'The Pi­lot's Wife' au­thor Anita Shreve suc­cumbs to can­cer

South Florida Times - - OBITUARIES - By HIL­LEL ITALIE Anita Shreve, au­thor of the best-sell­ing book,“The Pi­lot’s Wife,” has died.

NEW YORK (AP) - Anita Shreve, the best­selling nov­el­ist who ex­plored how women re­sponded to crises past and present in her na­tive New Eng­land in fa­vorites such as “The Pi­lot's Wife,'' “Tes­ti­mony'' and “The Weight of Wa­ter,'' has died. She was 71.

Pub­lisher Al­fred A. Knopf said Shreve, who had been bat­tling can­cer, died Thurs­day at her home in New Hamp­shire. Shreve had an­nounced her ill­ness last year on Face­book, writ­ing that a “med­i­cal emer­gency'' would pre­vent her from tour­ing for what be­came her last novel, “The Stars Are Fire.''

Knopf ed­i­tor Jor­dan Pavlin said in a state­ment Fri­day that Shreve's “writ­ing has touched the lives of mil­lions of read­ers around the world, and she did some of her most el­e­gant, rich, and un­for­get­table work in the last years of her life.'' Fel­low writ­ers, from Jodi Pi­coult to Terry McMil­lan, also of­fered trib­utes. Sue Monk Kidd tweeted that Shreve was “an amaz­ing writer who of­fered un­par­al­leled gen­eros­ity to other writ­ers, in­clud­ing me.''

Shreve's nov­els sold mil­lions of copies, es­pe­cially af­ter Oprah Win­frey chose “The Pi­lot's Wife'' for her book club in 1999. Shreve was also a fa­vorite source for Hol­ly­wood. “The Pi­lot's Wife,'' “Re­sis­tance'' and “The Weight of Wa­ter'' all were adapted into movies. Her lit­er­ary hon­ors in­cluded an O.Henry Prize for the story “Past the Is­land, Drift­ing'' and be­ing a fi­nal­ist for Eng­land's Or­ange Prize for “The Weight of Wa­ter.'' Shreve wrote 19 nov­els in all, and pre­ferred to work in long­hand. “The creative im­pulse, the thing that gets deep in­side me, goes from the brain to the fingertips,'' she told The Writer mag­a­zine. “When you're writ­ing by hand, even when you're not con­sciously think­ing about it, you're con­struct­ing sen­tences in the best way pos­si­ble. And I still get the thrill of the clean pad of notepa­per and the pen­cil all sharp­ened.''

Born in Ded­ham, Mas­sachusetts, and a grad­u­ate of Tufts Uni­ver­sity, she be­gan writ­ing fic­tion while a high school teacher in Read­ing, Mas­sachusetts, and worked for a time as a jour­nal­ist in Kenya. As teenager, she had loved Eu­gene O'Neill's “Long Day's Jour­ney into Night'' and as­pired to “the ro­man­tic angst of a tragic writer.'' Around the same time, she spent a snowy af­ter­noon read­ing Edith Whar­ton's spare and bit­ter “Ethan Frome'' and would cite it as a last­ing in­flu­ence.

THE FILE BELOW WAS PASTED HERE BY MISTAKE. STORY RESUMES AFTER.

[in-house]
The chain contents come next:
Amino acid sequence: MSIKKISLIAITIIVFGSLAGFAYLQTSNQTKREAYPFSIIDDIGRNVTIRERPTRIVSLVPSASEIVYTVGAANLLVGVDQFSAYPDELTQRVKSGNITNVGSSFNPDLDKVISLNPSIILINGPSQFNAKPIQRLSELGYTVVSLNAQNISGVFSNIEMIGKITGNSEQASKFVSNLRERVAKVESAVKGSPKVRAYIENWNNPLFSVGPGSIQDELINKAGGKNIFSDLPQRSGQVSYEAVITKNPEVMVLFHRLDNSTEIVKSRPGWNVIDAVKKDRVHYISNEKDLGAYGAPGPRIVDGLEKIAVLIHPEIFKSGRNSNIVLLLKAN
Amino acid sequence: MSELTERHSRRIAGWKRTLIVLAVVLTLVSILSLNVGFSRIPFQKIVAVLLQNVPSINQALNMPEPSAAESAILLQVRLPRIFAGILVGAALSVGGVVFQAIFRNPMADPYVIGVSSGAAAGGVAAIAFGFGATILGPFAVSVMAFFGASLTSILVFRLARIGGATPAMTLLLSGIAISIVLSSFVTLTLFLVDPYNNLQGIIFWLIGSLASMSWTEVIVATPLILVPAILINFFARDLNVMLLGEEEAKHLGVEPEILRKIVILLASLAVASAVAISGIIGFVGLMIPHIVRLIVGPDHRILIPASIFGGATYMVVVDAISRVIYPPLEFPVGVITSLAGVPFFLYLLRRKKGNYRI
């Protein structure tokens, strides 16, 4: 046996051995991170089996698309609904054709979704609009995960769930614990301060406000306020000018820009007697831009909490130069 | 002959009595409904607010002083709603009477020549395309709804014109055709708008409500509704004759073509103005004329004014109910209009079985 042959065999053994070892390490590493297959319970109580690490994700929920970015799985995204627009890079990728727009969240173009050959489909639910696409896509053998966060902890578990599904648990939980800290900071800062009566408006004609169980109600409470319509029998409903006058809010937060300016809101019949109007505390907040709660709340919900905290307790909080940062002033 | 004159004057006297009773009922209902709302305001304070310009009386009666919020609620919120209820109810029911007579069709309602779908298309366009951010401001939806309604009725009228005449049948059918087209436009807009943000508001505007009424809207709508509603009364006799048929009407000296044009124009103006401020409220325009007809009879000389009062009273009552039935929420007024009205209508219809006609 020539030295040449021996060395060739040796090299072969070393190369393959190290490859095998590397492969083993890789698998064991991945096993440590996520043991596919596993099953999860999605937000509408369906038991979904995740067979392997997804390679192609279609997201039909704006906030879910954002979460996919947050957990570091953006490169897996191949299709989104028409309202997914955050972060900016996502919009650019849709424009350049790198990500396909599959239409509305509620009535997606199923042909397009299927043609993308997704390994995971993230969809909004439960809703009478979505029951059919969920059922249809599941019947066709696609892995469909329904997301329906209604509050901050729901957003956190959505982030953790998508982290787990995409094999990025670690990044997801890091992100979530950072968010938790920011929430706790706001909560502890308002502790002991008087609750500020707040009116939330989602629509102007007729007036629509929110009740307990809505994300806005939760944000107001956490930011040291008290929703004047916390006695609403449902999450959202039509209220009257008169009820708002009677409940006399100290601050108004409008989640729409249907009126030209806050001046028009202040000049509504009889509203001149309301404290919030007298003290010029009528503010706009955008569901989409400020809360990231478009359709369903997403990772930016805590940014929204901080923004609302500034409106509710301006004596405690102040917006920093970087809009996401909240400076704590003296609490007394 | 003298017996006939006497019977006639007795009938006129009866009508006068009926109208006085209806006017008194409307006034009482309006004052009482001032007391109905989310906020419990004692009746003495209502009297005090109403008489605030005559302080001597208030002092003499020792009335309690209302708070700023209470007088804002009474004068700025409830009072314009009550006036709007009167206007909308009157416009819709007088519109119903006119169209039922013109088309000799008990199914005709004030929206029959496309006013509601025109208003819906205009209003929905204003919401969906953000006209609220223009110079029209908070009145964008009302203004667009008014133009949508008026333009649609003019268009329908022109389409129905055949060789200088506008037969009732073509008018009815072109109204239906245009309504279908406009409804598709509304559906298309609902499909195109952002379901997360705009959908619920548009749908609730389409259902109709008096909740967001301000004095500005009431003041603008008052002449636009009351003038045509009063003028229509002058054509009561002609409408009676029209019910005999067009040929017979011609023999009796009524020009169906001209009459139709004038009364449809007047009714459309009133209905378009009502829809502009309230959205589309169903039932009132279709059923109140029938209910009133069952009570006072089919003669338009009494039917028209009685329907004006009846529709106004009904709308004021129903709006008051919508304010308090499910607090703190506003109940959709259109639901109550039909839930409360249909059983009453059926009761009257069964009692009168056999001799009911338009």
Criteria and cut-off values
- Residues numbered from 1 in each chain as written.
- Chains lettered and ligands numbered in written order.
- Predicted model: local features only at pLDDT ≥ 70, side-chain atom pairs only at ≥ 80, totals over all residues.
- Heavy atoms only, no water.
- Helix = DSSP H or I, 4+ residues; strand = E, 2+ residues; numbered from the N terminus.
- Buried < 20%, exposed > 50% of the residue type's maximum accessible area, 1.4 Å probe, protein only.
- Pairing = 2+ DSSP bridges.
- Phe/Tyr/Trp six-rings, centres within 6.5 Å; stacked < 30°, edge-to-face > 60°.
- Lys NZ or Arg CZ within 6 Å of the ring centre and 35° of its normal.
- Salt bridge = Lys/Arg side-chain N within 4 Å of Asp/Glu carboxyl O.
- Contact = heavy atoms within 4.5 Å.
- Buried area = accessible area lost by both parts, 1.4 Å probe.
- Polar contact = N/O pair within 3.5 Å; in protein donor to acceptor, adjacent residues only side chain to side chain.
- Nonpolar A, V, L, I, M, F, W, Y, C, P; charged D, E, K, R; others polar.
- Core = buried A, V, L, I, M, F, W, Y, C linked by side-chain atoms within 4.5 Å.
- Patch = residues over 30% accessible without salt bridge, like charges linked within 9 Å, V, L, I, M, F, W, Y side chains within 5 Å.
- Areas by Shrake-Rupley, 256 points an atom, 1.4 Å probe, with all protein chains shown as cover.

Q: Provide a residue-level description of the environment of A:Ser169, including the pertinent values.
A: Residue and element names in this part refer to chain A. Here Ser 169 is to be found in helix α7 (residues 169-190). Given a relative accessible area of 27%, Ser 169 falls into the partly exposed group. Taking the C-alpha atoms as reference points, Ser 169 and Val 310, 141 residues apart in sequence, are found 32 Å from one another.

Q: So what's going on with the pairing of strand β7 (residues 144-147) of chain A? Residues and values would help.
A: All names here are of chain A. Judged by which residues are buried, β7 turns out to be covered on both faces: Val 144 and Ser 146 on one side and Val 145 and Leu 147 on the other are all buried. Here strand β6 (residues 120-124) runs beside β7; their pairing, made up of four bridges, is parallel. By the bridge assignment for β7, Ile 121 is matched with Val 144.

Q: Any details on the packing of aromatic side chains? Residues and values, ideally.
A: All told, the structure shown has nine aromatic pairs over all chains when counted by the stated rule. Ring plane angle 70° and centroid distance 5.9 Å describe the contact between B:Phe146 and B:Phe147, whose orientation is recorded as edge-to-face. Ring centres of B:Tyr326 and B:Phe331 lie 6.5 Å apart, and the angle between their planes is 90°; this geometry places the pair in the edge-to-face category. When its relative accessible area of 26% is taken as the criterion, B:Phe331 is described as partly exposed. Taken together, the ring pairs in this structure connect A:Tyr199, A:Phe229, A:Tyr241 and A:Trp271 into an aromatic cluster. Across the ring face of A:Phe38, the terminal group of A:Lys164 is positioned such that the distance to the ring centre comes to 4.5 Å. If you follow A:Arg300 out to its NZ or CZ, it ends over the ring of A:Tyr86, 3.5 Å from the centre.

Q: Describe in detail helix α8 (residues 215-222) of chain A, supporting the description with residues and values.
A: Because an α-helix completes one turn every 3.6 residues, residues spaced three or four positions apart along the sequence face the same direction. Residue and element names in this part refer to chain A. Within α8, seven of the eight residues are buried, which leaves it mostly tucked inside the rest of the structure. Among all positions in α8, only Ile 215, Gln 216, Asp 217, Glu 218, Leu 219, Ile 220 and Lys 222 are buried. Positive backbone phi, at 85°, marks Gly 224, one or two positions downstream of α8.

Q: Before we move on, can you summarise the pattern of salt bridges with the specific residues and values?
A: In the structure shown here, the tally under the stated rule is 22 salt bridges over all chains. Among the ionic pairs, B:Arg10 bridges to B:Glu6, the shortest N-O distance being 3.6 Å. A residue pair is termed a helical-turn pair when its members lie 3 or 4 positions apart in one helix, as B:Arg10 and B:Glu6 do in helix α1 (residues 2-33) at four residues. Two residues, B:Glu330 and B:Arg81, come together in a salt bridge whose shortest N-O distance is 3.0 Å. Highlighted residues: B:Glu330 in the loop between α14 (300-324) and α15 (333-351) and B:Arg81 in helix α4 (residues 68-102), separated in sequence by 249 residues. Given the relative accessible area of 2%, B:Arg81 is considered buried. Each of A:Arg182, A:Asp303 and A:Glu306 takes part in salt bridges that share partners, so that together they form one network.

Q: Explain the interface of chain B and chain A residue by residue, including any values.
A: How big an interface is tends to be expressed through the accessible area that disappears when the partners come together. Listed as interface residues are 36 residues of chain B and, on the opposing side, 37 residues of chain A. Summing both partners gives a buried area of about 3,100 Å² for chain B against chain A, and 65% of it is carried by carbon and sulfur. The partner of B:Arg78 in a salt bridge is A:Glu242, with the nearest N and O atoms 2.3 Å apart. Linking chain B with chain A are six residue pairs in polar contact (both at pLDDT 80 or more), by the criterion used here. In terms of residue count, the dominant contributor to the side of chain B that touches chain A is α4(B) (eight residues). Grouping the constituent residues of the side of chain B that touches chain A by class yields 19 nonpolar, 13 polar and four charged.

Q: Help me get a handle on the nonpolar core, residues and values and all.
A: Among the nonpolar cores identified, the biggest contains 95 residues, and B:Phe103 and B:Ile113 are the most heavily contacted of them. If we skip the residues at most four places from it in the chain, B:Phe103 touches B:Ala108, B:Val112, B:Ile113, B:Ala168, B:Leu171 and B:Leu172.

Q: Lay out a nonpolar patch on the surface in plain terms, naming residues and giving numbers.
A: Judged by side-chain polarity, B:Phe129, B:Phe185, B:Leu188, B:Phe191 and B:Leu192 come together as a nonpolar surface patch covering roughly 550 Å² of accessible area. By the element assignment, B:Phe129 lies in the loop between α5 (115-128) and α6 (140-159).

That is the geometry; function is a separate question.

“The uni­verse within Whar­ton's en­dur­ing tale is snow­bound and iso­lated, just as frozen and stark as the world out­side my win­dow that day,'' Shreve wrote in Win­frey's mag­a­zine “O'' in 2004. “Never be­fore had I ex­pe­ri­enced re­al­ity and fic­tion merg­ing so pow­er­fully. I have said of­ten that this book was the be­gin­ning of my life as a nov­el­ist.''

She wrote of women haunted or trau­ma­tized. In “The Pi­lot's Wife,'' a woman con­tends not just with grief af­ter her hus­band dies in a plane crash but also sus­pi­cions about the tragedy it­self . “The Weight of Wa­ter'' is par­tially based on the deaths of two women off the New Hamp­shire coast, the so-called “Smut­tynose Mur­ders'' of 1873.

In “The Stars Are Fire,'' a dev­as­tat­ing blaze up­ends the world of a Maine house­wife. The book was in­spired by the so-called “Great Fires'' that swept through Maine in 1947.

“It doesn't in­ter­est me to write about women who aren't real,'' Shreve told The Writer in 2014. “My mother once said, `The minute I read that a char­ac­ter is beau­ti­ful, I flip the book over my shoul­der.' It lacks au­then­tic­ity.''

Shreve was mar­ried twice, mostly re­cently to John Os­born. She had two daugh­ters.


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